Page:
What this adds up to is that the public may not be (generally) as indiscriminate in their use of alternative methods and as in need of protection from unscientific concepts as we healthfrauders like to think. Maybe we skeptics encounter a disproportionate amount of the dangerous and nutty extremes of “alternative” medicine because we go looking for it and we hang about on forums that gather it. We are also fairly obviously more deeply offended by it than most, which can lead to confirmation bias.

Which brings me to this: in science-based medicine we are quite accustomed to evaluating medical options in terms of benefits vs. risks. We normally try to quantify them so that we can reach a reasonable balance. An example is studies designed to determine the optimum dose of a noxious chemotherapeutic agent, so that cancer remissions are produced at acceptable risk. These days such studies even often include quality-adjusted life year (QALY) measurements so that all aspects of patient life can bear upon a precise, measurement-based, final judgment.

That’s how we normally operate. Not so, apparently, when it comes to CAM. In relation to that we adopt the meanest, least flexible possible position, even while lacking any clear evidence-based handle on the medical or psychosocial benefits or the social functions of unconventional and folk medical activity, or their risks. All we know, having completely dismissed all the anecdotal evidence, is that they usually don’t work obviously better than placebo when put to the test in the banal environment of the typical controlled trial. We don’t care that they may be being used mainly when there is no entirely satisfactory evidence-based treatments for the complaint, nor that some of the methods may simply have not yet been subjected to sufficient study to be quite sure whether they have intrinsic medical activity or not. It’s all one, if it is seen to be “alternative”.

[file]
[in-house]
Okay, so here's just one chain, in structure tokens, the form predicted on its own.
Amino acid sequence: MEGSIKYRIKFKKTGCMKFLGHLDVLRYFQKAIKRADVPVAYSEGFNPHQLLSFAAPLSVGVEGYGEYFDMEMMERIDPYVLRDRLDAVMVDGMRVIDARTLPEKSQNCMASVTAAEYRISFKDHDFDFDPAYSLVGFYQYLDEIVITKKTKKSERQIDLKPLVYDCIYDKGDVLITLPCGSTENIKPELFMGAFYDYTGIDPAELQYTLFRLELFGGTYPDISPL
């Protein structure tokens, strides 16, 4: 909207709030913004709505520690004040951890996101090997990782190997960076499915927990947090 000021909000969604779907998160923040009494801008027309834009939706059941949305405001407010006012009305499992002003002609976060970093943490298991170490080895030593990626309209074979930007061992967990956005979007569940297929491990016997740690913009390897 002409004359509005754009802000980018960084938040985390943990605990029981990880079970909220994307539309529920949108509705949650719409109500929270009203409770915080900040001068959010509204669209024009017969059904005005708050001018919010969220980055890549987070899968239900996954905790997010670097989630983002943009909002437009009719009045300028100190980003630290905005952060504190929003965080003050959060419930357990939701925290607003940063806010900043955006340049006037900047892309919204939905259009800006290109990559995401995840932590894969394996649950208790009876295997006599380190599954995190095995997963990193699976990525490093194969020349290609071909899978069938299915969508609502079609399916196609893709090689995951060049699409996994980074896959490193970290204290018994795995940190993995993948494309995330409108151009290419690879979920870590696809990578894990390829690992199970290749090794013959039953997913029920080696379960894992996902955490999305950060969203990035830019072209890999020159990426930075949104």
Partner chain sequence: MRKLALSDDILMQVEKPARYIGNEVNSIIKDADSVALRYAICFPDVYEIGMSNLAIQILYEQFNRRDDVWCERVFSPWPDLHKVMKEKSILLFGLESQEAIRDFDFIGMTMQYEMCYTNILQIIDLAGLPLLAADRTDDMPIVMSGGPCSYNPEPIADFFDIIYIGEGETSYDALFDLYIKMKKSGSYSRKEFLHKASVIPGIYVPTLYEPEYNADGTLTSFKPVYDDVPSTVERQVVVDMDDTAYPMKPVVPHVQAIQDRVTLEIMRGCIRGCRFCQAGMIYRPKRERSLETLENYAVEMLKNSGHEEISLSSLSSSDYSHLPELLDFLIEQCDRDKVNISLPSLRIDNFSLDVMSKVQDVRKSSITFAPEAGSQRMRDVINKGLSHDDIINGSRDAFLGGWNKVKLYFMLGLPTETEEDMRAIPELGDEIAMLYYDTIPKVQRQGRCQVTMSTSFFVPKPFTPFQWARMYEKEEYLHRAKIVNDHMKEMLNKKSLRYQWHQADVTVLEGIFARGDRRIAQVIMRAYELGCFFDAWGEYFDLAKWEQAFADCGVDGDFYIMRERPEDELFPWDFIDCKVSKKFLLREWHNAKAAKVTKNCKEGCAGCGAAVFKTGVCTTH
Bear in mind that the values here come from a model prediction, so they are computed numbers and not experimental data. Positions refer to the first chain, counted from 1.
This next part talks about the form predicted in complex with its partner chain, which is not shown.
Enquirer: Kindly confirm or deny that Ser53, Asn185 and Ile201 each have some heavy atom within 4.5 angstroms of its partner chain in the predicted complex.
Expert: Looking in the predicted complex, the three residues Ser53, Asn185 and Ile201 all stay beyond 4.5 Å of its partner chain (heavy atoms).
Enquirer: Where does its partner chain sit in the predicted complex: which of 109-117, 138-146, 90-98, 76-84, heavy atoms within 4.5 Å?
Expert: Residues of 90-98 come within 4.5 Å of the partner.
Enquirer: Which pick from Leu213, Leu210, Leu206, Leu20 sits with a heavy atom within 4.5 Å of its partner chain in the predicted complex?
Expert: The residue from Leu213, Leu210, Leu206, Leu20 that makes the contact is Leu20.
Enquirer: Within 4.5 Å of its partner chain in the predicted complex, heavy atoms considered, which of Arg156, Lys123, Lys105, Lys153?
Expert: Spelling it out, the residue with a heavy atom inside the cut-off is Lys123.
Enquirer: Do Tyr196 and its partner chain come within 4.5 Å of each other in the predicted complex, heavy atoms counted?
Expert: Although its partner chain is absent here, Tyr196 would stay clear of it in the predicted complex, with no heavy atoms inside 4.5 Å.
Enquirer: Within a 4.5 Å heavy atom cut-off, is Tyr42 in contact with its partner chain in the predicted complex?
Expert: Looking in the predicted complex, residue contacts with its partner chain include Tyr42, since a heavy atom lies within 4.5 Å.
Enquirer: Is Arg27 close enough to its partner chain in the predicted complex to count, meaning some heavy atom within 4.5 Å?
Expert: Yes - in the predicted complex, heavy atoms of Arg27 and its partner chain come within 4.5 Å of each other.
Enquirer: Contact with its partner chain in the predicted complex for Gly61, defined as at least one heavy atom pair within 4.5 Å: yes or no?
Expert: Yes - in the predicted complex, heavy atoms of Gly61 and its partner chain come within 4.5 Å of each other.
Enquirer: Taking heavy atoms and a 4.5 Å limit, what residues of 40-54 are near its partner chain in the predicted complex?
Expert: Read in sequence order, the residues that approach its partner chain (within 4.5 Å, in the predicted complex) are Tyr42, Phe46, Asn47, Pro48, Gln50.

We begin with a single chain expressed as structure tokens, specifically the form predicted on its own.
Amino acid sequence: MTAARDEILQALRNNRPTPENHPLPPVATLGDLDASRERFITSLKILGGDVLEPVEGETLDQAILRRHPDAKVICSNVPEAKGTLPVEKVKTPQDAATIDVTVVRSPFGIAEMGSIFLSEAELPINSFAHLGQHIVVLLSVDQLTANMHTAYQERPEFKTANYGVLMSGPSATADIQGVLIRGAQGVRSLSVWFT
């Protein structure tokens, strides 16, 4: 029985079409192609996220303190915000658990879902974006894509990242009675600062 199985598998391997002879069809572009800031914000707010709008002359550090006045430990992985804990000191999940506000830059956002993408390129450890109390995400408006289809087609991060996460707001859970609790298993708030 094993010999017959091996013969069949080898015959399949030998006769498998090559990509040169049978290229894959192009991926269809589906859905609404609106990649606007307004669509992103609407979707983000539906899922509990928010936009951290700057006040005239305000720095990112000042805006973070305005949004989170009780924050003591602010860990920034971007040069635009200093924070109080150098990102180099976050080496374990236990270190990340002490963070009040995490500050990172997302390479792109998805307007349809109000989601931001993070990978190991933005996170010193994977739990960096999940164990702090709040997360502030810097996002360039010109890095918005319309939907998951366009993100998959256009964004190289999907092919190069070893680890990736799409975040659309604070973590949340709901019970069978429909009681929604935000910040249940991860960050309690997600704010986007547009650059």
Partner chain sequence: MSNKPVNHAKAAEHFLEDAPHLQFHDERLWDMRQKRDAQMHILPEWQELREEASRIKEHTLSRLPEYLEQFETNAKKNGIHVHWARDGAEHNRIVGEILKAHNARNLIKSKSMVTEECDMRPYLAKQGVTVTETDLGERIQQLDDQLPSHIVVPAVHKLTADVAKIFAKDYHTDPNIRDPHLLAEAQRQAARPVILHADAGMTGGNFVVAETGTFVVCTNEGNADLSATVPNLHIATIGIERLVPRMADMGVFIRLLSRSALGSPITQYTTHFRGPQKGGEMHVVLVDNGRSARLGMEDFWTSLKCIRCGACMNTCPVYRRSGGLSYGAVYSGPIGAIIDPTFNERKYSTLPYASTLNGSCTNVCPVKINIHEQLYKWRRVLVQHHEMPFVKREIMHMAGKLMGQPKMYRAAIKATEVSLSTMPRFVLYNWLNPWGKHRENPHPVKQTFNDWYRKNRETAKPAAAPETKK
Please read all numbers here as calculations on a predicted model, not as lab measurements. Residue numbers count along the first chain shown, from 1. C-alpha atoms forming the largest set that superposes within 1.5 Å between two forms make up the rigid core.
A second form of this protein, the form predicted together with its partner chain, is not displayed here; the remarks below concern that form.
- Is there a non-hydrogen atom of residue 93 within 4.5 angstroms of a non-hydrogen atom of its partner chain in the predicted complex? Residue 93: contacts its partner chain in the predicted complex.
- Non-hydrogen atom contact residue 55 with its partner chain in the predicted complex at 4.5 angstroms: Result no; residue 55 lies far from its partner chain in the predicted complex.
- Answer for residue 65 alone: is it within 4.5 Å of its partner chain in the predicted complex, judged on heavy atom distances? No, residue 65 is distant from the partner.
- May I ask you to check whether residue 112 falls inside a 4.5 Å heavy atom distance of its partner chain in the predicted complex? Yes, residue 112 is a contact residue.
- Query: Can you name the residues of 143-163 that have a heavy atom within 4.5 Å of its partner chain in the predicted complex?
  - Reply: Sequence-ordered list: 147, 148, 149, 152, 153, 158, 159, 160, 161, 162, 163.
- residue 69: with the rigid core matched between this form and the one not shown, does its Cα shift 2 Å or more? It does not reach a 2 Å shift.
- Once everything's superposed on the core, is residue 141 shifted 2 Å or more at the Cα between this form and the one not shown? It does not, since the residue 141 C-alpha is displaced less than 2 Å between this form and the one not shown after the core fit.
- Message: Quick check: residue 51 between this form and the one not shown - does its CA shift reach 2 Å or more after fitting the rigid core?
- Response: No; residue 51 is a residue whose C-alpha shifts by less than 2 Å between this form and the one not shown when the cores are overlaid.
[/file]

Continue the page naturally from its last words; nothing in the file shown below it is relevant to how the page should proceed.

Is the resort to ethical argument about the use of placebo medicines a lazy way of justifying such a globally rigid approach? The ethical card has some force, even when set against other primary ethical obligations of doctors towards their patients, but in reality it can only apply to that select few who have a clear enough grasp of the scientific evidence to be as certain as can be that any given CAM treatment IS a placebo. But Healthfraud has to also deal with what a lot of other practitioners think and what our patients are often trying out on their own initiative. It is a waste of time talking ethics to those who don’t share quite the same scientific convictions, and that applies to almost everyone.